According to Gartner Research, robotic process automation (RPA) has become one of the fastest growing segments of the software industry due to the technology’s ability to mimic the tasks that humans would normally perform. . Modern RPA applications have evolved dramatically over the years, with improved tools to find applicable RPA examples and use cases across a multitude of industries including banking, finance, healthcare, and even IT operations. .
In the early days of task automation, RPA use cases were limited to simple office suite-oriented use cases that helped simplify the use of spreadsheets and accounting software. The current wave of RPA adoption has successfully targeted back office use cases such as finance, accounting, and customer service. But it’s the next wave of use cases, and the use of automated bots designed by skilled RPA developers, that will be a real game-changer for vendors like UiPath, Automation Everywhere, and Blue Prism.
Alex Lyashok, President and CEO of WorkFusion, sees the next wave supporting the creation of smaller, much more agile robots. These bots will scale up what people do to a more granular and interactive level, rather than replacing an overall process. âIf you don’t put a bot and a human in one workflow, you end up with the choice of automating very simple tasks or completely redesigning to completely remove the human from the process as the project gets too big. “Lyashok said.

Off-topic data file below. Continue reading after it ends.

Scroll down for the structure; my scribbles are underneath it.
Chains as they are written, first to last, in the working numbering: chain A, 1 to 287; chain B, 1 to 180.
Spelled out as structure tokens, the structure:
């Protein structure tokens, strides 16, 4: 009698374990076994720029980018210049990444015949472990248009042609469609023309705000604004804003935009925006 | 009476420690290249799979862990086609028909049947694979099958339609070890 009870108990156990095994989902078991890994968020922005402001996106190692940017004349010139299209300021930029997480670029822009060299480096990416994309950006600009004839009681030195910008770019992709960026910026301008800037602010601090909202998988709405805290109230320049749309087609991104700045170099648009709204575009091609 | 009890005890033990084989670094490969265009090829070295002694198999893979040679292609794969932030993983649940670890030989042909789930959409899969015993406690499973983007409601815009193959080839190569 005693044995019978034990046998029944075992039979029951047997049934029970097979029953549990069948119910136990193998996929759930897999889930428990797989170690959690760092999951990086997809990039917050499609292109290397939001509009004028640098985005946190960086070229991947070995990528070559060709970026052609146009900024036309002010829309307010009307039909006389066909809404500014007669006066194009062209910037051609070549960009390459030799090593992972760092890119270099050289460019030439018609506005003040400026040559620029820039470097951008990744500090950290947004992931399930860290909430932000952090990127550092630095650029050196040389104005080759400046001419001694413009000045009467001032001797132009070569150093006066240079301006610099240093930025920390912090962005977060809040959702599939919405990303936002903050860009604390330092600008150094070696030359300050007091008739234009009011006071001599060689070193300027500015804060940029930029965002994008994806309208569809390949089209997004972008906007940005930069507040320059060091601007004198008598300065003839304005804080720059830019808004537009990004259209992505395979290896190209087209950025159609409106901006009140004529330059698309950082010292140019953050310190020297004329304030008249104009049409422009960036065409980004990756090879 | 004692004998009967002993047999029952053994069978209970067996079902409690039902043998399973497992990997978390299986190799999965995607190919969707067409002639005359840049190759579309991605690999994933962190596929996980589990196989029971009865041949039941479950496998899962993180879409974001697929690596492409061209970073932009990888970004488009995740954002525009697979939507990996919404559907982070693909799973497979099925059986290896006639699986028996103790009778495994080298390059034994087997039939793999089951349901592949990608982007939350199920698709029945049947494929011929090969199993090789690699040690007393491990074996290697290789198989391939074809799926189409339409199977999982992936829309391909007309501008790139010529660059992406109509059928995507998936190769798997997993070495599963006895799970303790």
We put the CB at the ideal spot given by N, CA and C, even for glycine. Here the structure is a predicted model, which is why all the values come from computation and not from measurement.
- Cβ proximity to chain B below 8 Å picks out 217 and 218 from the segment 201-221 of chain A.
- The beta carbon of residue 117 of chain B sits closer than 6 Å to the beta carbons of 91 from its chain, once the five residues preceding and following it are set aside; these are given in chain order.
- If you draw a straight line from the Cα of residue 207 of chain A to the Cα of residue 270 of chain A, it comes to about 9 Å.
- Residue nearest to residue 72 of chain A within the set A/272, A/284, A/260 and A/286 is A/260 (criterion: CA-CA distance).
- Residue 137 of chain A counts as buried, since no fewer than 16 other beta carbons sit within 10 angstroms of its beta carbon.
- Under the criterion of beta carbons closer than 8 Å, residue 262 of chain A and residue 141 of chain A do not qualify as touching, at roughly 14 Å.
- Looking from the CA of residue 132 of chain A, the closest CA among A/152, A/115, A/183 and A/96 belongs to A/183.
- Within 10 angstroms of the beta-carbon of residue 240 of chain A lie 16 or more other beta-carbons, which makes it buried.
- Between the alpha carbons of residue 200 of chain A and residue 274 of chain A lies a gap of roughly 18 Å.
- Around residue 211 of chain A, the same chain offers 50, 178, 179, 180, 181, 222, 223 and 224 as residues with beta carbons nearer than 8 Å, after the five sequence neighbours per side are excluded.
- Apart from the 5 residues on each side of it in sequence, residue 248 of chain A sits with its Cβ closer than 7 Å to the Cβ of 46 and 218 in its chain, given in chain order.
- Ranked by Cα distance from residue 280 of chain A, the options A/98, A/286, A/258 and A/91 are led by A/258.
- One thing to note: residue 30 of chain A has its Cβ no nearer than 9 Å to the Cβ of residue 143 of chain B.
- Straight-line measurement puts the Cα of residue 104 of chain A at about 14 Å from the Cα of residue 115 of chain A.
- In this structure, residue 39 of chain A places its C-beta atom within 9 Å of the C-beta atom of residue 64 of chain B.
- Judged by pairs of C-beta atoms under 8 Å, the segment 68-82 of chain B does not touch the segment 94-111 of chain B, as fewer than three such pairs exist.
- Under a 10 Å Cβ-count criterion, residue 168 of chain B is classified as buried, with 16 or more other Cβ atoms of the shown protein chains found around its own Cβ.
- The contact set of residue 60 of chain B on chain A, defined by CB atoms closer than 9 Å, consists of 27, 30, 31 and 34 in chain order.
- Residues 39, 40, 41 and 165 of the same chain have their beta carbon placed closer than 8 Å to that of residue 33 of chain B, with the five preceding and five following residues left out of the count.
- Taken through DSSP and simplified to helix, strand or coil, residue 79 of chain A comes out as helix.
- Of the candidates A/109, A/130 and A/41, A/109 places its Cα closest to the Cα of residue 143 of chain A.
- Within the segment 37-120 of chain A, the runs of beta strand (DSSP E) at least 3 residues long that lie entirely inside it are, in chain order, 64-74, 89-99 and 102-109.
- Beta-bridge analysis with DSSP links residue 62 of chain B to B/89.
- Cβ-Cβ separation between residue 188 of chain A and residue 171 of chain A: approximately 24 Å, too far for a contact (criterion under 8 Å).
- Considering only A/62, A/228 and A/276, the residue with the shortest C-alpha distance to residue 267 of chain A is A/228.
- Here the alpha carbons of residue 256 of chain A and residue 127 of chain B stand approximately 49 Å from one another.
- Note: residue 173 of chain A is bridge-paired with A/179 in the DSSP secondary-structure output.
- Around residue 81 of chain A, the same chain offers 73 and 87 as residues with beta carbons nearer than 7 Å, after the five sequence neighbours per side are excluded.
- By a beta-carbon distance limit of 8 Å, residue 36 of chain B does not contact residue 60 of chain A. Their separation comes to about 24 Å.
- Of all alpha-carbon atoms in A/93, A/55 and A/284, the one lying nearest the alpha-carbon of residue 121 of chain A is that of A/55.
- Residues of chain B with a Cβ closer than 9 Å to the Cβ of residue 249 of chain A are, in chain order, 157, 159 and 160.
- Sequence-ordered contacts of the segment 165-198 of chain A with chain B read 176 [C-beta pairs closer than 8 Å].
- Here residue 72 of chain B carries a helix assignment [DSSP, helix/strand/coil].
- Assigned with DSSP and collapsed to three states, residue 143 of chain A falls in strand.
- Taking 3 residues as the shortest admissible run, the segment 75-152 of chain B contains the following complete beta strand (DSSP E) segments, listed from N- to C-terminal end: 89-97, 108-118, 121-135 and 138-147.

Use cases for bank RPA
In fact, McKinsey has advised that automation experts no longer focus on uncovering cost reduction opportunities for bots and instead focus on improving the end-to-end customer experience through service RPA use cases customer. This approach is known as automation experience design, and it can help businesses benefit from RPA in ways that go beyond labor savings and cost reductions. This shift in focus allowed Carter Bank & Trust, a relatively small bank with around $ 4 billion in assets and 100 branches, to quickly grow to over 200 bots on the WorkFusion platform.